Fatal acute Chagas disease by Trypanosoma cruzi DTU TcI, Ecuador

Manuel Calvopina, Gabriela Segovia, William Cevallos, Yosselin Vicuña, Jaime A. Costales, Angel Guevara

Producción científica: Contribución a una revistaArtículorevisión exhaustiva

8 Citas (Scopus)


Background: Chagas disease is caused by the haemoflagellate protozoan Trypanosoma cruzi. Currently, T. cruzi recognizes seven discrete typing units (DTUs): TcI to TcVI and Tcbat. The genetic diversity of T. cruzi is suspected to influence the clinical outcome. Acute clinical manifestations, which include myocarditis and meningoencephalitis, are sometimes fatal; occur most frequently in children and in immunocompromised individuals. Acute disease is often overlooked, leading to a poor prognosis. Case presentation: A 38-year-old man from a subtropical area of the Andes mountains of Ecuador was hospitalized after 3 weeks of evolution with high fever, chills, an enlarged liver, spleen, and lymph nodes, as well as facial edema. ECG changes were also observed. T. cruzi was identified in blood smears, culture and amplification of DNA by PCR. Tests for anti-T. cruzi IgG and IgM and HIV were negative. Molecular typing by restriction fragment length polymorphism (PCR-RFLP) determined the parasite to DTU TcI. In the absence of a timely anti-T. cruzi medication, the patient died. Conclusions: This is a case of severe pathogenicity and the virulence of a DTU TcI strain in an adult patient. The severe acute Chagas disease was probably overlooked due to limited awareness and its low incidence. Our findings suggest that T. cruzi DTU TcI strains circulating in Ecuador are capable of causing fatal acute disease. Early diagnosis and prompt treatment is of paramount importance to avoid fatalities in acute infections.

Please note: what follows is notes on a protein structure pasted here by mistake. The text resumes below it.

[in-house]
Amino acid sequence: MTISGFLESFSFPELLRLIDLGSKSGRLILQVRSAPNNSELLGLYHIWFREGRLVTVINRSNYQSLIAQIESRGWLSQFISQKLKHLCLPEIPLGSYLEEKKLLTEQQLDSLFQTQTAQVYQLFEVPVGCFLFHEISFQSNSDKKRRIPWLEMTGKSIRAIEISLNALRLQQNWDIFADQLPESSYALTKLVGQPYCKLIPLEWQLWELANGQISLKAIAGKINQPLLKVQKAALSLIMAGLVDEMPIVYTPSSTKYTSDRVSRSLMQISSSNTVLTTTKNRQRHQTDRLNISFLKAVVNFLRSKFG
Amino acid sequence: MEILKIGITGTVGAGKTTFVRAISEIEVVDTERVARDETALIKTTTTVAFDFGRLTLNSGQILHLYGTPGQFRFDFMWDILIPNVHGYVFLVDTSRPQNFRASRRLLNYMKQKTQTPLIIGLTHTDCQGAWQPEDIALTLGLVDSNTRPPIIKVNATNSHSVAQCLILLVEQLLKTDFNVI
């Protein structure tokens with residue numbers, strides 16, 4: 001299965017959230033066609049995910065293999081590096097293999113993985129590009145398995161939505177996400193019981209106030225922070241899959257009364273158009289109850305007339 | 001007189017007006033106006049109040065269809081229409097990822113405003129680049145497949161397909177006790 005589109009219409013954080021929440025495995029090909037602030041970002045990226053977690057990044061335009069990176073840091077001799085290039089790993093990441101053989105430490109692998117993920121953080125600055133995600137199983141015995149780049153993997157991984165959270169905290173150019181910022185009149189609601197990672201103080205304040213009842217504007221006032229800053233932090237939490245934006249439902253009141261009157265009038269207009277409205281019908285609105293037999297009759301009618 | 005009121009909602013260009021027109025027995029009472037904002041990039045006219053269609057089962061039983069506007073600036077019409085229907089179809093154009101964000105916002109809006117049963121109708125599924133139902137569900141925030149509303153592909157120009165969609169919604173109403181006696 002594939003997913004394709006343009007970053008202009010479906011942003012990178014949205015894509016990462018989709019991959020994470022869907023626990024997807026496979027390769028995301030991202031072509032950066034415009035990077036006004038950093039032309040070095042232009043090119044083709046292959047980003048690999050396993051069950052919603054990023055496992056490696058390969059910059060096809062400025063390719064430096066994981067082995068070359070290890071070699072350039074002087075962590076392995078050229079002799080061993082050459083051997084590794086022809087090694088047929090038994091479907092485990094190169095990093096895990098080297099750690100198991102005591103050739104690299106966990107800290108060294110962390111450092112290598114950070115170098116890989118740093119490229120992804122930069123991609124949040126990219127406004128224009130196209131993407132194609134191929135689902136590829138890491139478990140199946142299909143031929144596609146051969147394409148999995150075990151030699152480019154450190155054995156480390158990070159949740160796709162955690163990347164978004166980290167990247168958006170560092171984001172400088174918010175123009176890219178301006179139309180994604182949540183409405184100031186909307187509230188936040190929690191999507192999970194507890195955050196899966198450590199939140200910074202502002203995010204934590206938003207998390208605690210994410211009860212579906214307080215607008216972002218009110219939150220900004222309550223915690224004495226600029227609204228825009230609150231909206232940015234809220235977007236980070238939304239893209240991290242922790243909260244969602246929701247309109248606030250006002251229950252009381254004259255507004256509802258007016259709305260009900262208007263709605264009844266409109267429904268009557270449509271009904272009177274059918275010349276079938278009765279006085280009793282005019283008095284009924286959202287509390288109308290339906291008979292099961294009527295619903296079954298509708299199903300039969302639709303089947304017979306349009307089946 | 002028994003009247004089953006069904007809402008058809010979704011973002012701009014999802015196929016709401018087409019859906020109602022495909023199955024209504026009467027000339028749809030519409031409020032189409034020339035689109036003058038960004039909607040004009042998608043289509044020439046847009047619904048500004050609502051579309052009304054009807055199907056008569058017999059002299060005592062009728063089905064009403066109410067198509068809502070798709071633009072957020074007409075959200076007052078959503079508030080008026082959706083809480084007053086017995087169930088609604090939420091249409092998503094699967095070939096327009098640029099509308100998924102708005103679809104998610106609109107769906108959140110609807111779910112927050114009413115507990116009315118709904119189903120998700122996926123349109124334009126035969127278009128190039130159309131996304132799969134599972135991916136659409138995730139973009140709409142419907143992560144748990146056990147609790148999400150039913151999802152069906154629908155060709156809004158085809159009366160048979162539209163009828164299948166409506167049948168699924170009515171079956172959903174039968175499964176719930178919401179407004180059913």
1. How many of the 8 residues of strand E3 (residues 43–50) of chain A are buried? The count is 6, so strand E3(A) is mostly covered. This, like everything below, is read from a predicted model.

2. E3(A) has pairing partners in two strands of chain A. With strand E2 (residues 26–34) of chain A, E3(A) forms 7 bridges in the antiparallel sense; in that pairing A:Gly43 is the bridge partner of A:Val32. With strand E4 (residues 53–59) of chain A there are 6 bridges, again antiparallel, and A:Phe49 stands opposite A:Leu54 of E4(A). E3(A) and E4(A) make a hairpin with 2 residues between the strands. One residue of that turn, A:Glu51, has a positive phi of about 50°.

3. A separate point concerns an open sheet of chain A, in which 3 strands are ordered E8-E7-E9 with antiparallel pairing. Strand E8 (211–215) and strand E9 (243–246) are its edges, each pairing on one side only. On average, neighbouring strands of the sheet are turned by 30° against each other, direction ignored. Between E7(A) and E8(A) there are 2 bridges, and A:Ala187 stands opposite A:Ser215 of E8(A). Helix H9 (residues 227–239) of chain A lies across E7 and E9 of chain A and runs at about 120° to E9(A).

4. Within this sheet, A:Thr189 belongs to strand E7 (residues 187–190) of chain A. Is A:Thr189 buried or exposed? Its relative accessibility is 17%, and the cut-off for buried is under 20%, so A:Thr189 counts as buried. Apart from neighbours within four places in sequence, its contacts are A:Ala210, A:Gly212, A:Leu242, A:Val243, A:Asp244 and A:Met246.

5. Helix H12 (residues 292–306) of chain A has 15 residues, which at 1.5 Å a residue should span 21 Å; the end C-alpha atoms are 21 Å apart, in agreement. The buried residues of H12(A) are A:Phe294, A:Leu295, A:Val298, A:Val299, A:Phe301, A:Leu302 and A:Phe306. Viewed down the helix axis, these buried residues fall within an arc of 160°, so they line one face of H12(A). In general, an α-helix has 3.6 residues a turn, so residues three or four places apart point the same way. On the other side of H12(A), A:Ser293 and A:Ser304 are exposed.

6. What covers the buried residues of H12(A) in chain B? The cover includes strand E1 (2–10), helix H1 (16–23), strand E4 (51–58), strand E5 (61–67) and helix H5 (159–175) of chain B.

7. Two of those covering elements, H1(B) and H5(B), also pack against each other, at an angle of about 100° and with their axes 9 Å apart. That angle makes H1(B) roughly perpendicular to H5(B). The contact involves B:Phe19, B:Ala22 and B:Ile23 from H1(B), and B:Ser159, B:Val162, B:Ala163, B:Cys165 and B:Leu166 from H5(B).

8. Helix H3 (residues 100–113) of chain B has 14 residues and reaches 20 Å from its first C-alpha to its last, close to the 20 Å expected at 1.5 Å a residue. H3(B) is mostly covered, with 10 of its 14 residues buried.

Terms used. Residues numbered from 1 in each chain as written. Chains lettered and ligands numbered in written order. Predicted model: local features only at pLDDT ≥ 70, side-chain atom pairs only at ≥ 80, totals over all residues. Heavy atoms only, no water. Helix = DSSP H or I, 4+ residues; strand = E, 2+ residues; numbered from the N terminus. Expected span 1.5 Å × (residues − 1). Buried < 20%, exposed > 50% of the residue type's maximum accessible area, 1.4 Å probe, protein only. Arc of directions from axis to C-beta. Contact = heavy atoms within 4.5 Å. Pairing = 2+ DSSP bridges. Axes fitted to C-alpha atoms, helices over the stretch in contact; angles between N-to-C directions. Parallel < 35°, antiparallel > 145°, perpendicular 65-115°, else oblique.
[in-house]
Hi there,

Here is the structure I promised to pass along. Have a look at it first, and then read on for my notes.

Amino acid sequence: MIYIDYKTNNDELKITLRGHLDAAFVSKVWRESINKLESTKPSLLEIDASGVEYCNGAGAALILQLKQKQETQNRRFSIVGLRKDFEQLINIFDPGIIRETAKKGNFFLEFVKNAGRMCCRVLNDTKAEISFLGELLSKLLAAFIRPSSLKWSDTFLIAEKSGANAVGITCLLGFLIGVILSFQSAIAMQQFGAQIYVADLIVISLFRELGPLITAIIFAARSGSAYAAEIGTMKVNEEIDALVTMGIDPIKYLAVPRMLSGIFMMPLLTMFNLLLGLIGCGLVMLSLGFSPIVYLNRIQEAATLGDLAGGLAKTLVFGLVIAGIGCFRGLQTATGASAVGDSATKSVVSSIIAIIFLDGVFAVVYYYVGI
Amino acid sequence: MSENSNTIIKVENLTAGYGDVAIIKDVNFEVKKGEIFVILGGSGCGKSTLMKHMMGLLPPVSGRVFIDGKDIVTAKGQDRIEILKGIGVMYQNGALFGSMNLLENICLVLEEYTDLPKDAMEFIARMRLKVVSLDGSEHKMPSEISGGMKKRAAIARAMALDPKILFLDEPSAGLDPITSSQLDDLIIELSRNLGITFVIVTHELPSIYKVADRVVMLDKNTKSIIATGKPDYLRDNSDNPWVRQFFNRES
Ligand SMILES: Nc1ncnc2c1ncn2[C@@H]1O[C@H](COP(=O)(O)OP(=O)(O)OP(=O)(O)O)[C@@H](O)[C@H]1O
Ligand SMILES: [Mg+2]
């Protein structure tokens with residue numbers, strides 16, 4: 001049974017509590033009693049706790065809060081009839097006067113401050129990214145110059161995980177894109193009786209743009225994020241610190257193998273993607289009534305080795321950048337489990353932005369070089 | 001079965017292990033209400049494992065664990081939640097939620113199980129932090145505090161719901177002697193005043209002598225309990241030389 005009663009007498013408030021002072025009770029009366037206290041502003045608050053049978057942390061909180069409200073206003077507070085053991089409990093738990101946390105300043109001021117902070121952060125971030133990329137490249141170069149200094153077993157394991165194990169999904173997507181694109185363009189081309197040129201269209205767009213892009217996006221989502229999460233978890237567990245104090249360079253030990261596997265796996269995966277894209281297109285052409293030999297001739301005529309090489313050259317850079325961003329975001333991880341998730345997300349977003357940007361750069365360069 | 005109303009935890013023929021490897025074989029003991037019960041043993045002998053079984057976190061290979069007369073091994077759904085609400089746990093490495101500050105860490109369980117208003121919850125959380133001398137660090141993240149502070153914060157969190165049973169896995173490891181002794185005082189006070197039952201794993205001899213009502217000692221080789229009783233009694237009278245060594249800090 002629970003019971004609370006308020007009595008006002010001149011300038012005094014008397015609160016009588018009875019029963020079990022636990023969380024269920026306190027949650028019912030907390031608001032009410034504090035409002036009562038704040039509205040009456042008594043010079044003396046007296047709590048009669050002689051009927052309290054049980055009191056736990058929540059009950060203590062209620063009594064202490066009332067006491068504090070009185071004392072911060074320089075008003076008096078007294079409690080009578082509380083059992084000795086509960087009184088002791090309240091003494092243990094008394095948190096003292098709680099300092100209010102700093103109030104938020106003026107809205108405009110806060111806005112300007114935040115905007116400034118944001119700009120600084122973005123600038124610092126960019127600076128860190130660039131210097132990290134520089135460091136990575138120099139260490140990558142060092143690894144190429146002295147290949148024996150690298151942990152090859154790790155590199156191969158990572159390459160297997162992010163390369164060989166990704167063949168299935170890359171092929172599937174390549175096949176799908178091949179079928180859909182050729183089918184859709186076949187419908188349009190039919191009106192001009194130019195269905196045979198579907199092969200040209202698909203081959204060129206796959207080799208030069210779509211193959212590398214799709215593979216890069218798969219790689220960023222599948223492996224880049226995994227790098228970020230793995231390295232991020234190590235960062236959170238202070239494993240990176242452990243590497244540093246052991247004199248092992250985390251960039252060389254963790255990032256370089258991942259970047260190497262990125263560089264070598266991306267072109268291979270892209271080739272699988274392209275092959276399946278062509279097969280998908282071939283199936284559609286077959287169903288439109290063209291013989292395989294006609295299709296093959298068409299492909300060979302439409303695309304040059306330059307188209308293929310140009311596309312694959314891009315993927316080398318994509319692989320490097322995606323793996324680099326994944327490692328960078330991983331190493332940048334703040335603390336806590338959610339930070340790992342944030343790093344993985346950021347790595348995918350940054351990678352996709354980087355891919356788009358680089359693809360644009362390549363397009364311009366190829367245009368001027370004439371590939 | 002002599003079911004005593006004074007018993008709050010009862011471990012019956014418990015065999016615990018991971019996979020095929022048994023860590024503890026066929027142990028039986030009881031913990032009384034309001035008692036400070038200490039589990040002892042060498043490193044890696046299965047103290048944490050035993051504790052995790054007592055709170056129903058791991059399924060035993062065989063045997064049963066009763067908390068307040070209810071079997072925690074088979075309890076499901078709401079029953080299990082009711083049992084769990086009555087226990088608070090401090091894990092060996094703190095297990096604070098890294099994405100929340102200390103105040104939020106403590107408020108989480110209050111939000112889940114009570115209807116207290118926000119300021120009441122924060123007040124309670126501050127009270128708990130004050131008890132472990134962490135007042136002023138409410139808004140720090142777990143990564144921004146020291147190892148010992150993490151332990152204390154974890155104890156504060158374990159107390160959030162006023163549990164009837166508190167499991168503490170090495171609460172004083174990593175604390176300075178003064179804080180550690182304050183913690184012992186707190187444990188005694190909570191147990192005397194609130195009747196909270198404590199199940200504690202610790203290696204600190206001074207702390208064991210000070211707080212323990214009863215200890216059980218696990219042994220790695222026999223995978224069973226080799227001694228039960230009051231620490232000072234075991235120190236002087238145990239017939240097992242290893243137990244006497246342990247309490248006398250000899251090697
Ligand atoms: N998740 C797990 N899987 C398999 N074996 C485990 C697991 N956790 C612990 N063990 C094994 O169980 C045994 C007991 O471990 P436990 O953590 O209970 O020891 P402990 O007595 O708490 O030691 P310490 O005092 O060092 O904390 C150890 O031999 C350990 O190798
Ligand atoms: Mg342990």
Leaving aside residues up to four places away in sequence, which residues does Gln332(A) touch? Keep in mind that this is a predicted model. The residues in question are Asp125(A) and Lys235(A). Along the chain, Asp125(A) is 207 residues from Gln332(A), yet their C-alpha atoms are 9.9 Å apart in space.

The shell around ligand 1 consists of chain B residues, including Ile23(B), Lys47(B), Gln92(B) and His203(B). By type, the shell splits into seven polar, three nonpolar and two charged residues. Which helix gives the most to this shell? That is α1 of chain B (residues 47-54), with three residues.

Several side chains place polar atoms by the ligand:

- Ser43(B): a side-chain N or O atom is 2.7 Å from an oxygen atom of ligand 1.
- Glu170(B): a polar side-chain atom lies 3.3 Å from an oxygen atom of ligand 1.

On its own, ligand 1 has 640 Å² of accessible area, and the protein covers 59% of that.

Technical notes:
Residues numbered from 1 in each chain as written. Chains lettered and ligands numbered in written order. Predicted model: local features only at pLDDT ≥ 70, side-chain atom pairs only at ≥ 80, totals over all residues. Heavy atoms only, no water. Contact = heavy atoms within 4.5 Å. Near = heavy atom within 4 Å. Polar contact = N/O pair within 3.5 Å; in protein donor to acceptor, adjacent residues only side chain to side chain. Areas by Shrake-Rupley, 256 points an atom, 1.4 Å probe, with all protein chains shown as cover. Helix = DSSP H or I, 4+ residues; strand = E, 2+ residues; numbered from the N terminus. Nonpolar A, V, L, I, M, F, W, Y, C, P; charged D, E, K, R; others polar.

Idioma originalInglés
Número de artículo143
PublicaciónBMC Infectious Diseases
EstadoPublicada - 14 feb. 2020

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